One of the most frequently asked questions I get as a pediatric occupational therapist, is when should a child start learning to use scissors? Unfortunately, there is no easy answer to this question and is very child dependent.
Things to Consider
Typically speaking, scissors can be introduced as early as 2 years old. Children are beginning to develop an interest in activities such as crafts and building things that often incorporate the development of fine motor skills. They are increasing their independence and have a strong desire to do things just like mom or dad including using tools like eating utensils and scissors. With careful supervision and adult modeling, learning to use scissors can be a fun and engaging activity for many toddlers. One thing to consider when determining if your child is ready is their behavior and impulse control. Safety is always of the utmost importance when using scissors. If your child has difficulty following adult directions, has poor visual attention, or demonstrates harmful behaviors towards others, I would not recommend introducing scissors just yet.
When You Begin
When introducing scissors, I would start by purchasing age-appropriate blunt-nosed scissors for safety. If your child demonstrates a left hand preference, be sure to trial left-handed scissors. The blades are positioned differently allowing the user to see the cutting line. Take some time to practice with these scissors and determine if this is appropriate for your child. If your child seems to have great difficulty using regular scissors, there are a variety of adaptive scissors to aide in certain aspects of the task. For example, if one of my clients is struggling with finger placement and the open/close motion, I may recommend trying spring-loaded scissors with a loop instead of finger holes. Stepping back and utilizing an adaptive tool, allows the child to focus on building the underlying skills needed to use scissors while reducing the demands of the task (i.e. remembering where to put fingers).
The following activities help to develop many of the foundational skills needed to be successful with scissors.
Encourage your child to help by spraying household plants, during bath time, or wipe off an easel. Doing so helps to develop intrinsic muscles of the hand and develop an understanding of the grasp/release motion also used to snip with scissors.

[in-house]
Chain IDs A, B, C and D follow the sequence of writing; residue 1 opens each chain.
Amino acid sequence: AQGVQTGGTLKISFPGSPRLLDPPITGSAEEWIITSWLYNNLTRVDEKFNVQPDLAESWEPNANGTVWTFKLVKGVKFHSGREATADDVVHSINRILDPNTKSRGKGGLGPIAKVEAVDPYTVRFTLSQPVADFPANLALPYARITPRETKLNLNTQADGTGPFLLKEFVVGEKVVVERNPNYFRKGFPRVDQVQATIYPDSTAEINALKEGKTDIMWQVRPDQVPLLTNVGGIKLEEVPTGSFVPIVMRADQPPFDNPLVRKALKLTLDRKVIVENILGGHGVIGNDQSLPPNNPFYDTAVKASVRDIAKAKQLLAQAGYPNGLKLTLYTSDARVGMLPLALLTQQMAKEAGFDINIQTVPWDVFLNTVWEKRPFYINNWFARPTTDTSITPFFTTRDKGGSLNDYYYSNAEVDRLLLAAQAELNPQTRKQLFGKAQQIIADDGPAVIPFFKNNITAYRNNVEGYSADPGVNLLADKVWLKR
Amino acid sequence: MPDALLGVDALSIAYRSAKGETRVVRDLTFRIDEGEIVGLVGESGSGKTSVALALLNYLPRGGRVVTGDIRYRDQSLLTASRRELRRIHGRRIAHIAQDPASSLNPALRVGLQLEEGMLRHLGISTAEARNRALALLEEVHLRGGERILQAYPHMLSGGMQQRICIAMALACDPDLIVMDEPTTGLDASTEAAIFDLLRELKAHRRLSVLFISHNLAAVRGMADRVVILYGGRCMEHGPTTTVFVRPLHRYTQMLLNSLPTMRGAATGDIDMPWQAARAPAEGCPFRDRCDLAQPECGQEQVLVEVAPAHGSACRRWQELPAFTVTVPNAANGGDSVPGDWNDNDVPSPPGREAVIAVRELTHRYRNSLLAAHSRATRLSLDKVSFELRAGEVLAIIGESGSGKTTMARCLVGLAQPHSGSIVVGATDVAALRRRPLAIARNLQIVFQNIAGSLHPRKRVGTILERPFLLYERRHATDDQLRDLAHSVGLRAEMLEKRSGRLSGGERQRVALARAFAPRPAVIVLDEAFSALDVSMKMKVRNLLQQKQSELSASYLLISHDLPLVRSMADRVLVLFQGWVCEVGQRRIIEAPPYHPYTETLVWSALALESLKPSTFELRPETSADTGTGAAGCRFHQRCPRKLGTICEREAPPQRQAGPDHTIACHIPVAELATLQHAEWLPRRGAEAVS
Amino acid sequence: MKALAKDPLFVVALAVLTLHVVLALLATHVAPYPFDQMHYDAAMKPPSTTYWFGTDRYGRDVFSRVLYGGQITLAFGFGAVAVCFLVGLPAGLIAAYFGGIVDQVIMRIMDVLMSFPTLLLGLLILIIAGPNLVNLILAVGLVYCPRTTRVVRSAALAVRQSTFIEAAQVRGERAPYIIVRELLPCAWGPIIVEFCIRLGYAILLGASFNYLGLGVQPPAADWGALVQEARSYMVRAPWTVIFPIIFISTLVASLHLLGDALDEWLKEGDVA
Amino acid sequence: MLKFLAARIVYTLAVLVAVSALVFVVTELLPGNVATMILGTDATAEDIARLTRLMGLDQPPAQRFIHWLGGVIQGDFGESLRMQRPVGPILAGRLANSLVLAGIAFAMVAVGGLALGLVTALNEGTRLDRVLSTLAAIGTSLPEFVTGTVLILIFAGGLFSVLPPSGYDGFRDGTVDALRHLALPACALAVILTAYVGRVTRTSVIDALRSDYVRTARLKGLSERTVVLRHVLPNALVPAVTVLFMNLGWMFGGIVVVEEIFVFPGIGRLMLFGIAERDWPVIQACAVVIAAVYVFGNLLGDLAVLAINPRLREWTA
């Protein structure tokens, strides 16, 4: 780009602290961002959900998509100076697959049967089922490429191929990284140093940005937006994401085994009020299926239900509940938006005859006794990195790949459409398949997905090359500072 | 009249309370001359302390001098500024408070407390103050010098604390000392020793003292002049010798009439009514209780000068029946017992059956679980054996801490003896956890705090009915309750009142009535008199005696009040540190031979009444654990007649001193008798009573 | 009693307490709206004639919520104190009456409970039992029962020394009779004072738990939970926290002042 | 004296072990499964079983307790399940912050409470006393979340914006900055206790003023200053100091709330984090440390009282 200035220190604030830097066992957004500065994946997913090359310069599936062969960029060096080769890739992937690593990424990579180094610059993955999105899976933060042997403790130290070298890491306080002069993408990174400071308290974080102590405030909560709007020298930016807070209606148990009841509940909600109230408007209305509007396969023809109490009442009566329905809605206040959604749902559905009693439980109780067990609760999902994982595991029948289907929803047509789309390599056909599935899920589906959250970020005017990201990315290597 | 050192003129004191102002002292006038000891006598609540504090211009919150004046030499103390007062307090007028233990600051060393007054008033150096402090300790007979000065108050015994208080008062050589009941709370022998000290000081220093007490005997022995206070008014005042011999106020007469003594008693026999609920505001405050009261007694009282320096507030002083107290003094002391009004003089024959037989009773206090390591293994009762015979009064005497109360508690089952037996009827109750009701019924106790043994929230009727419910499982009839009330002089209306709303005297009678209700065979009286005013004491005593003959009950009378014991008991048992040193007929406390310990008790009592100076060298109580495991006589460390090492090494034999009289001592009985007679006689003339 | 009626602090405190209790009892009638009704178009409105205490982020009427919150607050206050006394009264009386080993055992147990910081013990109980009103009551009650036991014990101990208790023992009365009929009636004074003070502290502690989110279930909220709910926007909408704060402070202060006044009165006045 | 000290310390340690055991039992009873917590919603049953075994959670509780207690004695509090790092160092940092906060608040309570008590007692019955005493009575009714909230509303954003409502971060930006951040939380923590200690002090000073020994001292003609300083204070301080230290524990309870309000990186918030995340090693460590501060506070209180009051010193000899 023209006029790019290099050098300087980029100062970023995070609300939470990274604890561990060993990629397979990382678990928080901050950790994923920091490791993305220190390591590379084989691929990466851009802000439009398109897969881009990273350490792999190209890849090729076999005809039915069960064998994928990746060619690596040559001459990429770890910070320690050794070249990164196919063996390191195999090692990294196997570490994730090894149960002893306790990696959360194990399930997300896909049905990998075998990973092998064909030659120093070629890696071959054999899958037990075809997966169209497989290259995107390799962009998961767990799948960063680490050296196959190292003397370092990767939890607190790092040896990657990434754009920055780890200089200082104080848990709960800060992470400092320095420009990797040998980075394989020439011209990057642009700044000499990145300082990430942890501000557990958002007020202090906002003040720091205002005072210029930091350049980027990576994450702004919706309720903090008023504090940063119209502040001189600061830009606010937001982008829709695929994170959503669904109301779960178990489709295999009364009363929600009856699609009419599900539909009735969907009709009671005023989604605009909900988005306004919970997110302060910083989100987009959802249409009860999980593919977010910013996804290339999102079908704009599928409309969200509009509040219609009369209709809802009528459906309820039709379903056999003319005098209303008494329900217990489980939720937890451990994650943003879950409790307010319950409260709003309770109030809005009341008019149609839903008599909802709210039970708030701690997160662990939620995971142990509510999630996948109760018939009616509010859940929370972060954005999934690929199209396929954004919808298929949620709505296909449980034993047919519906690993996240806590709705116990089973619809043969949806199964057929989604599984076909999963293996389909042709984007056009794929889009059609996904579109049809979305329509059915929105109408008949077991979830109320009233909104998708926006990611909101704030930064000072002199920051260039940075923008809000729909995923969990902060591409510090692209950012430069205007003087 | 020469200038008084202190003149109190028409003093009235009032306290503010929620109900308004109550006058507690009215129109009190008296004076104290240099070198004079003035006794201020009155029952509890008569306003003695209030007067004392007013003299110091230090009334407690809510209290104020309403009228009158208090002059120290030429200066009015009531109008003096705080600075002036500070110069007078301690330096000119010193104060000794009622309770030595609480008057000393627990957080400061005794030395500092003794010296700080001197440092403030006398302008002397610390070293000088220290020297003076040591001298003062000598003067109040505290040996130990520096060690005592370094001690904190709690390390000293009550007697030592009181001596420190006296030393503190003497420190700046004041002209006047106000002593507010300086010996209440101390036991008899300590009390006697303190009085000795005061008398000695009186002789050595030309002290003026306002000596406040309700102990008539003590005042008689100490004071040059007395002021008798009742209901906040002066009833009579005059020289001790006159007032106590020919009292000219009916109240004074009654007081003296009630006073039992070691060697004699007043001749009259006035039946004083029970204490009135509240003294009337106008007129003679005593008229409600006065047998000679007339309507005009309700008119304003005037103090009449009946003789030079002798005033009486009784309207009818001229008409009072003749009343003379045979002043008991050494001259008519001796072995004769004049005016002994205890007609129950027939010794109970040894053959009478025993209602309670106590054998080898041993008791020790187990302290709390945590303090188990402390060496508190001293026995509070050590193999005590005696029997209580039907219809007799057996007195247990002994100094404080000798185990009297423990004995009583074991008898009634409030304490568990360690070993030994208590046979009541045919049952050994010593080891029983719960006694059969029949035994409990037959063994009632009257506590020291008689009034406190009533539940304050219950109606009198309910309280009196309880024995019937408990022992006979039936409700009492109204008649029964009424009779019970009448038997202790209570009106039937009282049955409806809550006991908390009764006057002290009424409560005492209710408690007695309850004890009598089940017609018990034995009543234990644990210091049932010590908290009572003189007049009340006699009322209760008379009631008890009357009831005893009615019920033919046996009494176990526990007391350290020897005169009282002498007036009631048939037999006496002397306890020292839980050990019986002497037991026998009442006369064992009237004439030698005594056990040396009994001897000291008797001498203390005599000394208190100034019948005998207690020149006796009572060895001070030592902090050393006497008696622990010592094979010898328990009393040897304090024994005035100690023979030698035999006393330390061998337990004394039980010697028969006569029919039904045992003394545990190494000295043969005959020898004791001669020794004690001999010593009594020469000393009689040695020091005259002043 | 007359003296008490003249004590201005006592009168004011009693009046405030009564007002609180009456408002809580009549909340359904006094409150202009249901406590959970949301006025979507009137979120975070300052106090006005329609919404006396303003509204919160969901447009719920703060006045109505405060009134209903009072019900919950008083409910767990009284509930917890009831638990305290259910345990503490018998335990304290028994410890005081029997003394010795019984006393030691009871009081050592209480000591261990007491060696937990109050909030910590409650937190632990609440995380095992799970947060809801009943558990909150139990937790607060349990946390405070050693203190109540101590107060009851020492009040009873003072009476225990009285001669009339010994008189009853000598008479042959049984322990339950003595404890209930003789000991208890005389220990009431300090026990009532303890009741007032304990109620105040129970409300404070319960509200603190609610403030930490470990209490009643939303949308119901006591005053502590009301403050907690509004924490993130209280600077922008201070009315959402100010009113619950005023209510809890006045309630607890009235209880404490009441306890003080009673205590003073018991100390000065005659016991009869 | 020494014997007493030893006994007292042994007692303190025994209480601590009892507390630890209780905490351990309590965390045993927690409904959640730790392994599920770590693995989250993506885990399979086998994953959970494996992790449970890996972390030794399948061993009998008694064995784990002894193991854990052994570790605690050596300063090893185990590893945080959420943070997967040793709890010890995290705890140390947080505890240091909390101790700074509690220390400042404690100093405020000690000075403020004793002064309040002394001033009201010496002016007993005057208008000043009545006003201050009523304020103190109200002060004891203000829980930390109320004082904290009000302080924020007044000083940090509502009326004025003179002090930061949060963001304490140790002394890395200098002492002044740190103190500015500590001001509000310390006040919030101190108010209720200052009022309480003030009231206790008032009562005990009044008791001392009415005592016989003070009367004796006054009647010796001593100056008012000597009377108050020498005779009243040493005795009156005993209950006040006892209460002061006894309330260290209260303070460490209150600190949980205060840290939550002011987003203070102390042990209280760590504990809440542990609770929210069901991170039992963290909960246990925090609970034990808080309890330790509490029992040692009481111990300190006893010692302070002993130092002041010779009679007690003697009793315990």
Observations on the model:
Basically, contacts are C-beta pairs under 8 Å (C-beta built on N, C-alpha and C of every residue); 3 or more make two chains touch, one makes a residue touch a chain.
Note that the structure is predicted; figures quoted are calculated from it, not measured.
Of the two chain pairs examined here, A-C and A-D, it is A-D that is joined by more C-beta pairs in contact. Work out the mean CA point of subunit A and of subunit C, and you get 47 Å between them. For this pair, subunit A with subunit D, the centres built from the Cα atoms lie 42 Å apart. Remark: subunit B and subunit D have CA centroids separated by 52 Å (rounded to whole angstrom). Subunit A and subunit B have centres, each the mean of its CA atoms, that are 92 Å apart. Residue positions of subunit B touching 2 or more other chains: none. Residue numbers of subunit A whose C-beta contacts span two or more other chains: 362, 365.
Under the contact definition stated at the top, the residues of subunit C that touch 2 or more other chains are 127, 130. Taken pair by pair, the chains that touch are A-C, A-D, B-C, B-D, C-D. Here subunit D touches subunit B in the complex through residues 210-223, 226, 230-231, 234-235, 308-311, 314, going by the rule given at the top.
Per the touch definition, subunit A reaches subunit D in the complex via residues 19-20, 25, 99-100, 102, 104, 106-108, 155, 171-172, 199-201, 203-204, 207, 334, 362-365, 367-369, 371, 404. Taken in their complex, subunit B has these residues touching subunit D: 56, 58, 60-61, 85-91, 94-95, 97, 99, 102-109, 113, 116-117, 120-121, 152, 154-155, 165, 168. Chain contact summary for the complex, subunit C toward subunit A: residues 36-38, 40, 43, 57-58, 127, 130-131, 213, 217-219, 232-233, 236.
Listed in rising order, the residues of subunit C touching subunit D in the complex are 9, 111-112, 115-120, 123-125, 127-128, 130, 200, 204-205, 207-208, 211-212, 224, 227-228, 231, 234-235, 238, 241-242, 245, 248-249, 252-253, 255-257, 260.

Playdough scissors or rolling pins
Playdough is one of my favorite go to activities that I use with my kiddos as it can be utilized to address many areas. It builds hand strength and coordination needed to adequately manage scissors. Playdough scissors are a safe way to practice snipping and open/close. Using child or playdough rolling pins also encourages bilateral coordination or the effective use of both hands.
This is such a simple yet fun and effective way to practice using scissors. Using regular width straws, encourage your child to close scissors and watch the straw pieces fly! For added challenge, have your child gather the pieces and string them onto a pipe cleaner or lace.
Clothespins are another simple yet valuable tool in my OT toolbox that have many uses. Similar to spray bottles, they help to develop the grasp/release or open/close motion that is used with scissors. They help to develop fine motor coordination and build small muscles of the hand.
Crafts are one of my favorite OT activities because the sky’s the limit in terms of my creativity! I often am asked by others, why I am doing art with my children, but in reality I am not focused on the finished product. I am focused on the process and the many ways children can develop fine motor skills like using scissors by completing a craft project. Making a craft is also much more motivating to children than simply using paper and scissors to practice cutting.